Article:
Even as Colorado’s commercial real estate market continues to accelerate, many banks in the West are pumping the brakes on commercial real estate lending.
Many financial institutions, tethered by post-recession banking regulations, are hitting or nearing their limits in the CRE loans they can underwrite. But with demand for new CRE deals still high in Colorado — particularly Denver — borrowers increasingly have to look elsewhere for funding, giving rise to more “alternative lenders” in real estate transactions.
CBRE’s Denver Market Outlook for 2017 pegged the city’s CRE market for sustained growth buoyed by a strong economy, which could draw increased attention from national and international investors.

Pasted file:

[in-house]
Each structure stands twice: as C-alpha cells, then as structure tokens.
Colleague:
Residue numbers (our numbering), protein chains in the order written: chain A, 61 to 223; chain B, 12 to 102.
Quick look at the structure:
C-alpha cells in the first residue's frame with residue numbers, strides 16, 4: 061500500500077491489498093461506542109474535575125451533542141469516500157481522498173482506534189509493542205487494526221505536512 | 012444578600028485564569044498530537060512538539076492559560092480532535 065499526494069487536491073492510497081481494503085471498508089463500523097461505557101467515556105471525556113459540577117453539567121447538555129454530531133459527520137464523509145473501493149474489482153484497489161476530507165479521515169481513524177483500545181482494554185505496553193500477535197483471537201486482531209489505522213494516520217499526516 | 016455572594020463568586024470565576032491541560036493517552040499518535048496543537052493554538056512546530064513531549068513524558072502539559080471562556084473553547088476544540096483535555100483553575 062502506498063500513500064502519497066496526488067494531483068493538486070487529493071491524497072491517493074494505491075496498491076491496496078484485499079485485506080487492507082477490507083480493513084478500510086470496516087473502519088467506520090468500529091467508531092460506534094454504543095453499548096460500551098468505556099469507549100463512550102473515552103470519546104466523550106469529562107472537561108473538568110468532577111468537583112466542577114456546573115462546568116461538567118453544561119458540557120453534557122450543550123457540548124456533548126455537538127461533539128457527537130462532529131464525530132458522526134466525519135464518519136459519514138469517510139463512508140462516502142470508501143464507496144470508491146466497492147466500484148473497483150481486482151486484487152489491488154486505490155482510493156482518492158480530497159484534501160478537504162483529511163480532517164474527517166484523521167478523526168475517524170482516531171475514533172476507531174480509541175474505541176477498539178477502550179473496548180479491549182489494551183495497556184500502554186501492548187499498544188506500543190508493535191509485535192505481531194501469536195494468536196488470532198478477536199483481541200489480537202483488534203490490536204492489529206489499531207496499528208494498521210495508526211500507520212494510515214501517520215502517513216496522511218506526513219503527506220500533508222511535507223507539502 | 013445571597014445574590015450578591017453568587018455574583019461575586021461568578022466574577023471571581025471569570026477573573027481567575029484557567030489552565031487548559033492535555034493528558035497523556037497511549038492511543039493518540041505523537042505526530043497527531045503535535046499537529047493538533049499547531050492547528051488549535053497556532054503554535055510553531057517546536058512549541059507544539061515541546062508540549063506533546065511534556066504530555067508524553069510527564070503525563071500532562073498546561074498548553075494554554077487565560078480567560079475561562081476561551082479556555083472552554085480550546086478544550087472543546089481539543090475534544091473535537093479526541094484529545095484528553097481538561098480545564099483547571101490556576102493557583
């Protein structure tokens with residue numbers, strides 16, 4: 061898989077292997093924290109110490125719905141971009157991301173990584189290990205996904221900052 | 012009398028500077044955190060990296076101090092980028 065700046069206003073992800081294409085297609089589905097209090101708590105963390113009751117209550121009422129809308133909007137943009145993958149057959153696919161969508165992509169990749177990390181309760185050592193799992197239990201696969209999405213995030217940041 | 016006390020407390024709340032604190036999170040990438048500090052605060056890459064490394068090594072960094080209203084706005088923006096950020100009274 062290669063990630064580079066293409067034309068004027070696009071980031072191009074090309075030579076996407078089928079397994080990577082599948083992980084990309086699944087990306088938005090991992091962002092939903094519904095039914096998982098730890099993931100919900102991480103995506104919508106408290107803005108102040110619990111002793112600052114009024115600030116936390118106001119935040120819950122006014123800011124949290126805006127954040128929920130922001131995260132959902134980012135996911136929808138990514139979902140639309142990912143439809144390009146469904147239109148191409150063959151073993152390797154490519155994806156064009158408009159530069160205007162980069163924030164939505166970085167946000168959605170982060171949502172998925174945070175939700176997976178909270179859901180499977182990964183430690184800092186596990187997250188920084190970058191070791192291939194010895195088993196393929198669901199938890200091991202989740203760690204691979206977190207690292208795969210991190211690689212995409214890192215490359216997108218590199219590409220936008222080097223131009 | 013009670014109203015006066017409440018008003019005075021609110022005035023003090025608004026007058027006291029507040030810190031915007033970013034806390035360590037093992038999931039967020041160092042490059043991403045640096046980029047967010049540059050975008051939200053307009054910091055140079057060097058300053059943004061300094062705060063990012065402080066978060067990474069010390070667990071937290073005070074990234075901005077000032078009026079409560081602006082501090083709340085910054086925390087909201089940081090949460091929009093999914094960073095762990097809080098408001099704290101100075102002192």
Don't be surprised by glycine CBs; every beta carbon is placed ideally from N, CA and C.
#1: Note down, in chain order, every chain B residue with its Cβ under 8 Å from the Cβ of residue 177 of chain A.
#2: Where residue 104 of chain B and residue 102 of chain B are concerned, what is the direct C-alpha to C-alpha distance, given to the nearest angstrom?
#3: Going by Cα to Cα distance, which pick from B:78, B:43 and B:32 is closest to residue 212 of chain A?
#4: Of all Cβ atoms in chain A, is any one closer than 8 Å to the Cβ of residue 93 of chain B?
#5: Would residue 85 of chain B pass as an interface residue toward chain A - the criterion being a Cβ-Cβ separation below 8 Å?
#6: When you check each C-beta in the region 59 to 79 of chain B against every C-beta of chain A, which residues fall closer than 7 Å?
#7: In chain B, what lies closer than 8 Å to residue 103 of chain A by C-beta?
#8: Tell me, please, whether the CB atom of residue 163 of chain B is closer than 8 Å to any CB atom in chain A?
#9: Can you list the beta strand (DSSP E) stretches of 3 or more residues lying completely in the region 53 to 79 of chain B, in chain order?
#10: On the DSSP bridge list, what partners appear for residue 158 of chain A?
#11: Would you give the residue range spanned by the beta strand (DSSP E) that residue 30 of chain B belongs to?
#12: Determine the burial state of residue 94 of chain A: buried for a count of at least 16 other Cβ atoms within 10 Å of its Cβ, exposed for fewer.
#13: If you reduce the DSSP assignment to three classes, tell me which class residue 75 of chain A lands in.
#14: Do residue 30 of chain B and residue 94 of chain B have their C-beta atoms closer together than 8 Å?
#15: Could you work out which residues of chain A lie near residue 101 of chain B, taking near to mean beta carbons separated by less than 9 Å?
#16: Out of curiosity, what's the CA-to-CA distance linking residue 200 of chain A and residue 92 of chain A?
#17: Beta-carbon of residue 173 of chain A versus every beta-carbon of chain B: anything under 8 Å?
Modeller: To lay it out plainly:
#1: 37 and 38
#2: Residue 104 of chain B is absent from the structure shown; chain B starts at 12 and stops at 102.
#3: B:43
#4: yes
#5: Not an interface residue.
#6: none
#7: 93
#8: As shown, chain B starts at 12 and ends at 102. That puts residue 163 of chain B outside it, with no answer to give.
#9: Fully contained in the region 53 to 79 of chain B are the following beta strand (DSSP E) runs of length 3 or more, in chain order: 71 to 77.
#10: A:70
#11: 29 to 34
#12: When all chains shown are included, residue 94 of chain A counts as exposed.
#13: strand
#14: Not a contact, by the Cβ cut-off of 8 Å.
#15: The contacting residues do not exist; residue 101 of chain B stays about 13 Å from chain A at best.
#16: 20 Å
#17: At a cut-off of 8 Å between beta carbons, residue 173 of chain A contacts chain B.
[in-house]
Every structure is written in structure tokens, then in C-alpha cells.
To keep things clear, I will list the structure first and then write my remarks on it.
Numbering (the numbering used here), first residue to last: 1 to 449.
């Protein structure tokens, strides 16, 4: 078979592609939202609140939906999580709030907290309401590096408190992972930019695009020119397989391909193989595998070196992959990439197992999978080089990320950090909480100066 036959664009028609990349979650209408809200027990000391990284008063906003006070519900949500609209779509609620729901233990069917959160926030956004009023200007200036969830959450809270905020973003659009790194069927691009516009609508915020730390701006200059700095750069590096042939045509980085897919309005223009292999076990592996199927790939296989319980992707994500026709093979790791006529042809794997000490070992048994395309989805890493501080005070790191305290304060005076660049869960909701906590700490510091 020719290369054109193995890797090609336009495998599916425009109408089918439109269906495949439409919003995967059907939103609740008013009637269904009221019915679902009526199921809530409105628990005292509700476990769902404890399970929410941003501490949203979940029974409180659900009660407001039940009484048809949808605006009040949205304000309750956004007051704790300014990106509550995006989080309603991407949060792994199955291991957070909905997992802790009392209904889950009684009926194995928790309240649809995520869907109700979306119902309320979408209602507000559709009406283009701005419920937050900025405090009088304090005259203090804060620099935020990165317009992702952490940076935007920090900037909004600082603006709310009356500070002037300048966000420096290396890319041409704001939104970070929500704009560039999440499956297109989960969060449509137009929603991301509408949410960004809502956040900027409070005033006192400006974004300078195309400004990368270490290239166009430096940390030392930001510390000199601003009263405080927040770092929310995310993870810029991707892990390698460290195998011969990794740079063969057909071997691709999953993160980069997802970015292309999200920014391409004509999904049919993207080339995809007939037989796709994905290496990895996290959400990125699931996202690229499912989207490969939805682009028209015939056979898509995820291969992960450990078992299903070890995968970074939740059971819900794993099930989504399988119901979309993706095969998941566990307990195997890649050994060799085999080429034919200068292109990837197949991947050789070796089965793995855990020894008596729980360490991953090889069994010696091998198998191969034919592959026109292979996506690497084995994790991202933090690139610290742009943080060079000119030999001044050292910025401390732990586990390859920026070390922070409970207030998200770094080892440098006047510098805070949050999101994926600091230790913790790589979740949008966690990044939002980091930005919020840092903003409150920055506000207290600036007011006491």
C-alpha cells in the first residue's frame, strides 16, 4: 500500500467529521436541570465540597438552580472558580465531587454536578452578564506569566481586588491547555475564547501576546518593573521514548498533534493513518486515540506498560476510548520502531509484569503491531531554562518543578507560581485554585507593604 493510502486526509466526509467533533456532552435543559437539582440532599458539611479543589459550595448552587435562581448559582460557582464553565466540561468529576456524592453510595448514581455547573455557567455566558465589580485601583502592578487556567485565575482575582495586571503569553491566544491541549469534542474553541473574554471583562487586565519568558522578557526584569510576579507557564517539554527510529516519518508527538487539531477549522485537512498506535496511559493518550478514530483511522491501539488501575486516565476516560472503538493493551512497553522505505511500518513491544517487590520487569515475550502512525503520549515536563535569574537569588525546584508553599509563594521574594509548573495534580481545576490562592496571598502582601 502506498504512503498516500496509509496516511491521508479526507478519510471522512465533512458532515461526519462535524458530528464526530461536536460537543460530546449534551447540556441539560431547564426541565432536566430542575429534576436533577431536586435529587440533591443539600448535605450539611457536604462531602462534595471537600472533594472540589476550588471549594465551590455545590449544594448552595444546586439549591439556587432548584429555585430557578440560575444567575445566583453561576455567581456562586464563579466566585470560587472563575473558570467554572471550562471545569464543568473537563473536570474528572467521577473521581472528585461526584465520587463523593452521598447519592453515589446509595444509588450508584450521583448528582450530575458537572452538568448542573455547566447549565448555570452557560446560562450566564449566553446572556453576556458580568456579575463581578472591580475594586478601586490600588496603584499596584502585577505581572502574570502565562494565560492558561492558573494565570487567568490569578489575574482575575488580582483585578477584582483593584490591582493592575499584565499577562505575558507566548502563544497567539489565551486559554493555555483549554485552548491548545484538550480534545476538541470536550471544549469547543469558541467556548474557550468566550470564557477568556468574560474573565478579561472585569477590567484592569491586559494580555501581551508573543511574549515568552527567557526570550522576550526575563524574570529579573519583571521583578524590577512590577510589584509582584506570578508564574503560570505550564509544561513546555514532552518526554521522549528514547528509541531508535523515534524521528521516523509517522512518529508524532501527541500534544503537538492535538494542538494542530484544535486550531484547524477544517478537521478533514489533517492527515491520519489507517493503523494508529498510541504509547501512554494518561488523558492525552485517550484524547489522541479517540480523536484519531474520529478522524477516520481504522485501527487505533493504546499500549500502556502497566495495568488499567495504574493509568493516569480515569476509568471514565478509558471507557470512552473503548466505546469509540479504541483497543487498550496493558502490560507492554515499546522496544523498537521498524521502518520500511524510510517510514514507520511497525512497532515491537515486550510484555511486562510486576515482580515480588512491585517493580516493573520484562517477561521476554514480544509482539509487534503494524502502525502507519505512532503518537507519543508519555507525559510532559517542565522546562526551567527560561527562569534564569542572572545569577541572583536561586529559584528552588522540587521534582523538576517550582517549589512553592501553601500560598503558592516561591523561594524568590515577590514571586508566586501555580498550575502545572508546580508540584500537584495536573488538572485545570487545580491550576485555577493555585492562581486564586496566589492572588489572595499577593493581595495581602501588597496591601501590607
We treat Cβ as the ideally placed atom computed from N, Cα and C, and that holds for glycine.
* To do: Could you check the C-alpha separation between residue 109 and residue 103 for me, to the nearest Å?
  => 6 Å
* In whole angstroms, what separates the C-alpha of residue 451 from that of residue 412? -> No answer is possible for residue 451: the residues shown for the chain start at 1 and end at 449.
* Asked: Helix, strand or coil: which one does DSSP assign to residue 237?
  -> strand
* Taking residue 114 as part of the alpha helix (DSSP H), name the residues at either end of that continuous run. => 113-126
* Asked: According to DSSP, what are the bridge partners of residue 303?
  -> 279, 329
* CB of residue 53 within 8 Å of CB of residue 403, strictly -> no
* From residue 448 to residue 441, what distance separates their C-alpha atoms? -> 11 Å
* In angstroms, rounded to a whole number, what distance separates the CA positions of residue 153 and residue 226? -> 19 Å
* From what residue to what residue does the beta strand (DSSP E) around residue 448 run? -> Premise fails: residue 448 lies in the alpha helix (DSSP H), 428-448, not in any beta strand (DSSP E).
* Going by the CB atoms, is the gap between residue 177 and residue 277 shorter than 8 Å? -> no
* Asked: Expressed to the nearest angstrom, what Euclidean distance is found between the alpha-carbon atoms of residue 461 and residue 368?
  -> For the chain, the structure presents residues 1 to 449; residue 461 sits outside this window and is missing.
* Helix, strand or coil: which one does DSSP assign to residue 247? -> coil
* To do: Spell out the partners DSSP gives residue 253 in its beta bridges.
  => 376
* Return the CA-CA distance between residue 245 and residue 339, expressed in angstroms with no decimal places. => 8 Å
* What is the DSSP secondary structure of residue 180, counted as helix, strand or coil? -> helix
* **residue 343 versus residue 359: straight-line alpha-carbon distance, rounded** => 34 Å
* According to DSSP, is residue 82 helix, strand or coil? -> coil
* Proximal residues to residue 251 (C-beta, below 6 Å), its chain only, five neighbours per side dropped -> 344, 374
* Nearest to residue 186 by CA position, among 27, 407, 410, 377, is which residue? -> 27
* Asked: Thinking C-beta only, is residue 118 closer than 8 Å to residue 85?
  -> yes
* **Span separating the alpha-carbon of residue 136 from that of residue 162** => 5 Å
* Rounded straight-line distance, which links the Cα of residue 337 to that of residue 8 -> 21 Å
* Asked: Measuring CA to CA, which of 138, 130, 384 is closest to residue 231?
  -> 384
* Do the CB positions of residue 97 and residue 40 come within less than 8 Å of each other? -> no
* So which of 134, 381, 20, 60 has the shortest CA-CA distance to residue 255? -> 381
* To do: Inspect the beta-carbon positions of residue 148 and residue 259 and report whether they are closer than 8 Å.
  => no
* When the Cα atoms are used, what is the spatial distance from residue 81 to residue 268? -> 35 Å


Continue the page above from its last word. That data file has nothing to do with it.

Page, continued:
“There’s just a huge amount of commercial real estate activity (in Denver) … with lots of construction going on,” said Lea Ann Fowler, a real estate and finance attorney who is a partner at Hogan Lovells’ Denver office. With plenty of local investors, plus an influx of out-of-state and foreign investors who are “hearing the Colorado buzz” and looking to get a piece of the Denver real estate market, borrower demand for CRE transactions is high, she said.